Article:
Attention grass-fed beef geeks: The difference is in the liver…

By Amanda Rose | Liver

Dec 05

Beef Liver and Omega 3 Fatty Acids at FreshBitesDaily.comThose who know me know that I am a big fan of liver. In fact, liver is a depression buster food and probably in a class of its own providing in large quantities every depression-fighting nutrient in my book Rebuild From Depression except for magnesium. Most foods make the list because they excel in one or two nutrients or in Omega-3 fatty acids. Not liver. It could nearly be your replacement for a multi-vitamin/mineral complex.

Liver is known for its quantities of B vitamins. Adelle Davis, mother of nutrition writers in this country, claimed that liver also has an “anti-stress factor.” I am not sure what that is or whether it has been isolated. But something many people don’t know about liver is that it can have a pretty nice little dose of Omega-3 fatty acids.

Previously I argued that beef (the muscle, not the liver) is not a great source of Omega-3 fatty acids (here), even if it comes from cattle fed exclusively on grass. A grass diet improves the level of Omega-3 fatty acids in that steak, but a steak is not Omega-3 nirvana.

In a 1998 study comparing the fatty acid composition of grass fed beef and lamb compared to exclusively grain fed bulls found that 100 grams of grass fed beef liver contained 151 milligrams of EPA and 83 milligrams of DHA, both depression-fighting Omega-3 fatty acids. It also contained 92 milligrams of ALA and 283 milligrams of DPA, both Omega-3 fatty acids that our bodies use to make more EPA.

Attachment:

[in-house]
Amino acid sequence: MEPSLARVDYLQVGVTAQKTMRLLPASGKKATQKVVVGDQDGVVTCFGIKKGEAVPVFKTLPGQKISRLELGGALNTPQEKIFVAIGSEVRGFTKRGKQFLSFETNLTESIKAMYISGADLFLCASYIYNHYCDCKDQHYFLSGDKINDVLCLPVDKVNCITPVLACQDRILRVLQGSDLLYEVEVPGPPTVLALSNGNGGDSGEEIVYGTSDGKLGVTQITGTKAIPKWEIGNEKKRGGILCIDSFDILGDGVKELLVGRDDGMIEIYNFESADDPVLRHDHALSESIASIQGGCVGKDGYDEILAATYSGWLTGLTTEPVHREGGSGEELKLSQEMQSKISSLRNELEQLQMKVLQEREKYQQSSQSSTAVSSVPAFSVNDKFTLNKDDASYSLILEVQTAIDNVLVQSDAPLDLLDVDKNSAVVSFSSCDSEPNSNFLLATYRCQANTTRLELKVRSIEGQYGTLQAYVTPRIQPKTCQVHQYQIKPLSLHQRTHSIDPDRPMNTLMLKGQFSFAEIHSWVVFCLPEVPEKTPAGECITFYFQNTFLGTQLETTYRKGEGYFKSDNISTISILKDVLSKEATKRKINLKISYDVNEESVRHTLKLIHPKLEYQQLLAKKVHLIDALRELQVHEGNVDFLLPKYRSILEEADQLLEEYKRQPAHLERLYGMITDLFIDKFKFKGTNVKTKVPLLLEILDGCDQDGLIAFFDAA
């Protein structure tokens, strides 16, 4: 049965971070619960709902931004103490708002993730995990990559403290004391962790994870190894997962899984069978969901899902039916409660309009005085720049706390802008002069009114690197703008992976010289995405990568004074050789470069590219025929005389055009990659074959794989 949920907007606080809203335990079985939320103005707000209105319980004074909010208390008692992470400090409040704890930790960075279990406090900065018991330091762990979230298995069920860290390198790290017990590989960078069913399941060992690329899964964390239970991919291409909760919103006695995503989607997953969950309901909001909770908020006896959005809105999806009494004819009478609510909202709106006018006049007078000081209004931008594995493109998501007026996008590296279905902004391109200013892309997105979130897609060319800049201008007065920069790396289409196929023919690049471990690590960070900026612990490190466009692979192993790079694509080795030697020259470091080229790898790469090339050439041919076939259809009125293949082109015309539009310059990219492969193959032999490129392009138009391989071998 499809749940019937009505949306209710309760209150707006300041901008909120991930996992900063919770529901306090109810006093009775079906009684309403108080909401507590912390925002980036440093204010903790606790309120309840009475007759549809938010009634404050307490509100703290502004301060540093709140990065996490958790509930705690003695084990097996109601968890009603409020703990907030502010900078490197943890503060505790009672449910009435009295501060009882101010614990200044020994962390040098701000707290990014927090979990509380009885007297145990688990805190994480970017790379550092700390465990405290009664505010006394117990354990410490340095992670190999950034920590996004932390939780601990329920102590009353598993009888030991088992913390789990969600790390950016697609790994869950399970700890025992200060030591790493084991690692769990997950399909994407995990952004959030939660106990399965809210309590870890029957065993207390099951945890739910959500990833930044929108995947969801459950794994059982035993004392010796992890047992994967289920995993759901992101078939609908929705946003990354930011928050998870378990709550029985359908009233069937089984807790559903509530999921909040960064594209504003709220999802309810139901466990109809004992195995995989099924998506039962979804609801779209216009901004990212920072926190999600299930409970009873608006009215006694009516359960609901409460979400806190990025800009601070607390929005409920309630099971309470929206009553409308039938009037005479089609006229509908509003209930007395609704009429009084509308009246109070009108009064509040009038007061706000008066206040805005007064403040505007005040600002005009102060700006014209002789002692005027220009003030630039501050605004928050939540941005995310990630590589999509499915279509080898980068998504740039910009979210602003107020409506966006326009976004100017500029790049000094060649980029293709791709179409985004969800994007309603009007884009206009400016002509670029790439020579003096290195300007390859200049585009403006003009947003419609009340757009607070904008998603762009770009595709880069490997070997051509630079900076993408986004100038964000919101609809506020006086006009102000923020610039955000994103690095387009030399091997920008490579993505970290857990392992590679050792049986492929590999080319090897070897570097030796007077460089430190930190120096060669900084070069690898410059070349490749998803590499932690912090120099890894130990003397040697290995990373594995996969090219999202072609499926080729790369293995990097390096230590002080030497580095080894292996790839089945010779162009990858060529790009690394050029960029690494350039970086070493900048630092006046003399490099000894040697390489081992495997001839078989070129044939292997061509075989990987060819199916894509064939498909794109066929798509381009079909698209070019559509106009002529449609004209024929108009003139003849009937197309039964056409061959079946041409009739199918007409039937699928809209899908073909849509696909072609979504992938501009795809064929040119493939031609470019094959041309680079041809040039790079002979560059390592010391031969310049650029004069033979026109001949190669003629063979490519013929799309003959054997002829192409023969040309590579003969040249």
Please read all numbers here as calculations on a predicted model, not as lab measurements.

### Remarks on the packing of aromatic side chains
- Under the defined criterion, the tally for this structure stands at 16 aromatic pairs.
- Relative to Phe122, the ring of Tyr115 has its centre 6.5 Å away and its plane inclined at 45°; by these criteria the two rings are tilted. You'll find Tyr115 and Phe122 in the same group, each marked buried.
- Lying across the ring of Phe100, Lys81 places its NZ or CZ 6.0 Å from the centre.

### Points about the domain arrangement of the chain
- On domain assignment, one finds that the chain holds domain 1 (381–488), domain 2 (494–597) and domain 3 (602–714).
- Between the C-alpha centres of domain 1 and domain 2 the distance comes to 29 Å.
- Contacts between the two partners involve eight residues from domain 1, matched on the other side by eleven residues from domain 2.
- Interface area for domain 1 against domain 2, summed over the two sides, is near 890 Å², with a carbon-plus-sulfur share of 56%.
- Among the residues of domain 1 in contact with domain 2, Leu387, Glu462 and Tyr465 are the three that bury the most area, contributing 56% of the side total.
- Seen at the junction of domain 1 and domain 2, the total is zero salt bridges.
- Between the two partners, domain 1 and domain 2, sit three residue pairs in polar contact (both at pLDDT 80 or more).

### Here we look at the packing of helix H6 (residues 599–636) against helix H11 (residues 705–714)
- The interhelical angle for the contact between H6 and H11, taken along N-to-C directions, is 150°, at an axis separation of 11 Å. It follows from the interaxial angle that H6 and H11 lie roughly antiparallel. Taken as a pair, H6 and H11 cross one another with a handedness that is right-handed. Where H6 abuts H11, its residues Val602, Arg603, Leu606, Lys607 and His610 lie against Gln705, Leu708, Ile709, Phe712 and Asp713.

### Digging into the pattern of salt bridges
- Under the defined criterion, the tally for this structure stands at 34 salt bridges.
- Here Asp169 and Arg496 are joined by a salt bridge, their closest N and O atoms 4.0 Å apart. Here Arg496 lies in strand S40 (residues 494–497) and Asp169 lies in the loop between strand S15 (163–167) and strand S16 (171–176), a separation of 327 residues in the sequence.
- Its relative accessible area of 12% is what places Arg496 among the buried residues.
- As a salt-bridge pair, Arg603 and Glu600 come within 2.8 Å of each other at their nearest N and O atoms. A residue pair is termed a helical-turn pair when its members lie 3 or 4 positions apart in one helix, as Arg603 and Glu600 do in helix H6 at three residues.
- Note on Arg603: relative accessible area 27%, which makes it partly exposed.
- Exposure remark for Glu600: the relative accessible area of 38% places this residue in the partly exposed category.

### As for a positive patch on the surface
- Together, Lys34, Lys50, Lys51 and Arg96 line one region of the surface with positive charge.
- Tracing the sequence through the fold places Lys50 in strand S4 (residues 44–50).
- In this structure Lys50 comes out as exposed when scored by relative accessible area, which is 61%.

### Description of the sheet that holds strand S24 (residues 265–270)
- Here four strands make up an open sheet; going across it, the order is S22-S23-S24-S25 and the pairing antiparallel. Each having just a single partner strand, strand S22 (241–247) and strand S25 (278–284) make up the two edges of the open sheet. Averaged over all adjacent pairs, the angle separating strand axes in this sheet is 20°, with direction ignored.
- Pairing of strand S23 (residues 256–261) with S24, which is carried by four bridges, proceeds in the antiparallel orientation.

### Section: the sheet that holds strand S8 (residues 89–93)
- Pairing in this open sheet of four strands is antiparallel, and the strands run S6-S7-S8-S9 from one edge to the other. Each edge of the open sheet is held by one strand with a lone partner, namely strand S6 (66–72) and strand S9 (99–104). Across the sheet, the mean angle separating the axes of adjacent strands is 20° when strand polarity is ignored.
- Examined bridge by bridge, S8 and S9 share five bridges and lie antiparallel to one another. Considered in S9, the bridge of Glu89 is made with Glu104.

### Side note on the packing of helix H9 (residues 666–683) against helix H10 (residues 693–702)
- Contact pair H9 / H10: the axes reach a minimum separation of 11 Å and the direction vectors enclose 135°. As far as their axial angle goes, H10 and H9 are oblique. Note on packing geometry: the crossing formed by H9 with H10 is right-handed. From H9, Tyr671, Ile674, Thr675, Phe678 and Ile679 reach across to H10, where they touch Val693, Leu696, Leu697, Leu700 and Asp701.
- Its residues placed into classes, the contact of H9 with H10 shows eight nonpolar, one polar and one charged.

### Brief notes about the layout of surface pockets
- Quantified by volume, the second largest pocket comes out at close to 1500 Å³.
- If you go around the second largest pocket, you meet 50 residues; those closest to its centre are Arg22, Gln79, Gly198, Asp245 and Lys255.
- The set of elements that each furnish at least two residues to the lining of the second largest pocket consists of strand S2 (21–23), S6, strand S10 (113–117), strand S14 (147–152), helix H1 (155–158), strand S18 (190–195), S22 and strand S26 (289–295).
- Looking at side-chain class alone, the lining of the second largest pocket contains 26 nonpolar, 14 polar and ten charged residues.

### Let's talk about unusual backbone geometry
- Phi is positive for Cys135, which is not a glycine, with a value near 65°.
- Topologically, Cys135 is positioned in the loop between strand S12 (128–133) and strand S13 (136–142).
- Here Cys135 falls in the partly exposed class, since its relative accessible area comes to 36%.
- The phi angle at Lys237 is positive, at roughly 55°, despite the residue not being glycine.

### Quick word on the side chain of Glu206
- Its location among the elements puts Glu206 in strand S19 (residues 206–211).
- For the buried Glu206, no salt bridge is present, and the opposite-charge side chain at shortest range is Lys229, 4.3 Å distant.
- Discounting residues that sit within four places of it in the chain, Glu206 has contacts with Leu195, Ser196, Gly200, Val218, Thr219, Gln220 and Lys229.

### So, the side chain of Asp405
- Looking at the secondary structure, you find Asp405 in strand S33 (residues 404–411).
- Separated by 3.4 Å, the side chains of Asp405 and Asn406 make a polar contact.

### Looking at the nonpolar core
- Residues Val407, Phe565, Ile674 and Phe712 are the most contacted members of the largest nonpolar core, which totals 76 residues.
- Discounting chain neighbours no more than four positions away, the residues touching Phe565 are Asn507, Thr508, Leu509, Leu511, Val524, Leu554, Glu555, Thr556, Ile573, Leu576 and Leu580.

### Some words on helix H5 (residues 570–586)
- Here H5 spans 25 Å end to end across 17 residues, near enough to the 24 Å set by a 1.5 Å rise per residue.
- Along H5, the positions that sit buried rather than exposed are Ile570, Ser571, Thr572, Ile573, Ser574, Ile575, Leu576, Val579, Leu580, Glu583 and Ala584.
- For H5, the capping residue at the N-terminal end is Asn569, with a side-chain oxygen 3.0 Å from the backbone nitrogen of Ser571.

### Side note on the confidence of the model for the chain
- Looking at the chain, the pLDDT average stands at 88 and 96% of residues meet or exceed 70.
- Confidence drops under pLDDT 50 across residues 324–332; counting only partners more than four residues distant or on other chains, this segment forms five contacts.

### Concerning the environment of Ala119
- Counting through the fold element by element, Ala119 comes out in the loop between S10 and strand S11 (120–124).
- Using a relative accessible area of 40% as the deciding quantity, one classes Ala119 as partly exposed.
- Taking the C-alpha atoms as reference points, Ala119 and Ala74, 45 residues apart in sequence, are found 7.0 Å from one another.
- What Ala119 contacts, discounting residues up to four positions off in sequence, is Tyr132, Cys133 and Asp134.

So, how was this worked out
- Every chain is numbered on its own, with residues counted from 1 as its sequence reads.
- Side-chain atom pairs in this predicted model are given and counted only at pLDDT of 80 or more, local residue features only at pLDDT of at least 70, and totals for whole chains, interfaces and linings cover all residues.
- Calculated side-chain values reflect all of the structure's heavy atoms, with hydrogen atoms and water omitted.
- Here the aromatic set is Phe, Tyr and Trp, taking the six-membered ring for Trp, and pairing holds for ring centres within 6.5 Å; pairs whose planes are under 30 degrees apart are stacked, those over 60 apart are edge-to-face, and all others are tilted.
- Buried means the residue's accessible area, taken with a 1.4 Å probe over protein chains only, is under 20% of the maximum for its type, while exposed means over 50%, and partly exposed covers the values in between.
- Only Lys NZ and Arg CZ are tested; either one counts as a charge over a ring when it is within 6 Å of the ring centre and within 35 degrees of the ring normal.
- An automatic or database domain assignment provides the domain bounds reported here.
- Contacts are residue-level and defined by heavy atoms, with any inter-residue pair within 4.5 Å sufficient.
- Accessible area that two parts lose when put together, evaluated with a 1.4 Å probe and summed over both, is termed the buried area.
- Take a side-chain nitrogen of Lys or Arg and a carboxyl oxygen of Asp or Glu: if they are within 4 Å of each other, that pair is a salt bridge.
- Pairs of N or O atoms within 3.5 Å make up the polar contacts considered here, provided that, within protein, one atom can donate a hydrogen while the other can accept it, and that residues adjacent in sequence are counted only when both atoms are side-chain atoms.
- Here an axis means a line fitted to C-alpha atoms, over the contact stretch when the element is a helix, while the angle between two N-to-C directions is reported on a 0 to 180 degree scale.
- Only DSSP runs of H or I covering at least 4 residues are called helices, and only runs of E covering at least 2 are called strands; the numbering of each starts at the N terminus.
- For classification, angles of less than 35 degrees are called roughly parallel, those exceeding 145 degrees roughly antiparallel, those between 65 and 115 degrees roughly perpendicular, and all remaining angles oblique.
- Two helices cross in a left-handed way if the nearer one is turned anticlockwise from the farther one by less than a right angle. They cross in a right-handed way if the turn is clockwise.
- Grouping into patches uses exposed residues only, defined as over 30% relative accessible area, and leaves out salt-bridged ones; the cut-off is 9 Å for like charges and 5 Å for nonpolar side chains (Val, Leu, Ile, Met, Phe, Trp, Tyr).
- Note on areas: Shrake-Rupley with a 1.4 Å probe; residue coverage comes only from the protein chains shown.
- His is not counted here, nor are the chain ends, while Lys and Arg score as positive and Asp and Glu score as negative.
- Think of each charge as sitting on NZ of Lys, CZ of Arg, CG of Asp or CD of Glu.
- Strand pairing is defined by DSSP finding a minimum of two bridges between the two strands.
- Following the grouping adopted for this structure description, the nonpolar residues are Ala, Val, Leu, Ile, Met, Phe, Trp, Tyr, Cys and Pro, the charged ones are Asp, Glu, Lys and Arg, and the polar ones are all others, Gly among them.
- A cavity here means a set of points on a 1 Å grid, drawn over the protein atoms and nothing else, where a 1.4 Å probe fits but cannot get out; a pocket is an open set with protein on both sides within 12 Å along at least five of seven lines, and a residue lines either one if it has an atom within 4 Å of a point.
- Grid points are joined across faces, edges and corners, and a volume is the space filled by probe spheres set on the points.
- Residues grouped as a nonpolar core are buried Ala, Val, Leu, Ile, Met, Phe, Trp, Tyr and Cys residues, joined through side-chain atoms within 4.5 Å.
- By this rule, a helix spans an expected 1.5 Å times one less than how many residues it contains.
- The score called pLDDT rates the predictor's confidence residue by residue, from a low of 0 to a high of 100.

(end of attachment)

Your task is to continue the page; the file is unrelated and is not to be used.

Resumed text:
That 100 grams of liver (about 3 ½ ounces) contains a total of 609 milligrams of Omega-3 fatty acids. That’s pretty darned good for a single meal that does not include fish — which is still Omega-3 nirvana.

Even that bull fed a grain diet has some Omega-3 fatty acids in his liver. I compare the liver from the grass fed steer and grain fed bull in the figure above.

When I’m in the middle of a stressful week or in the past when I’ve hit down-cycles in my depression, I eat liver about three times a week and feel an improvement in my mood and my energy after just a few meals. Liver is cheap and loaded with nutrients. Even organic liver at Whole Foods will provide a very inexpensive dinner for you. Give liver and onions a try to start — a caramelized onion goes a long way to covering the strong flavor of liver.

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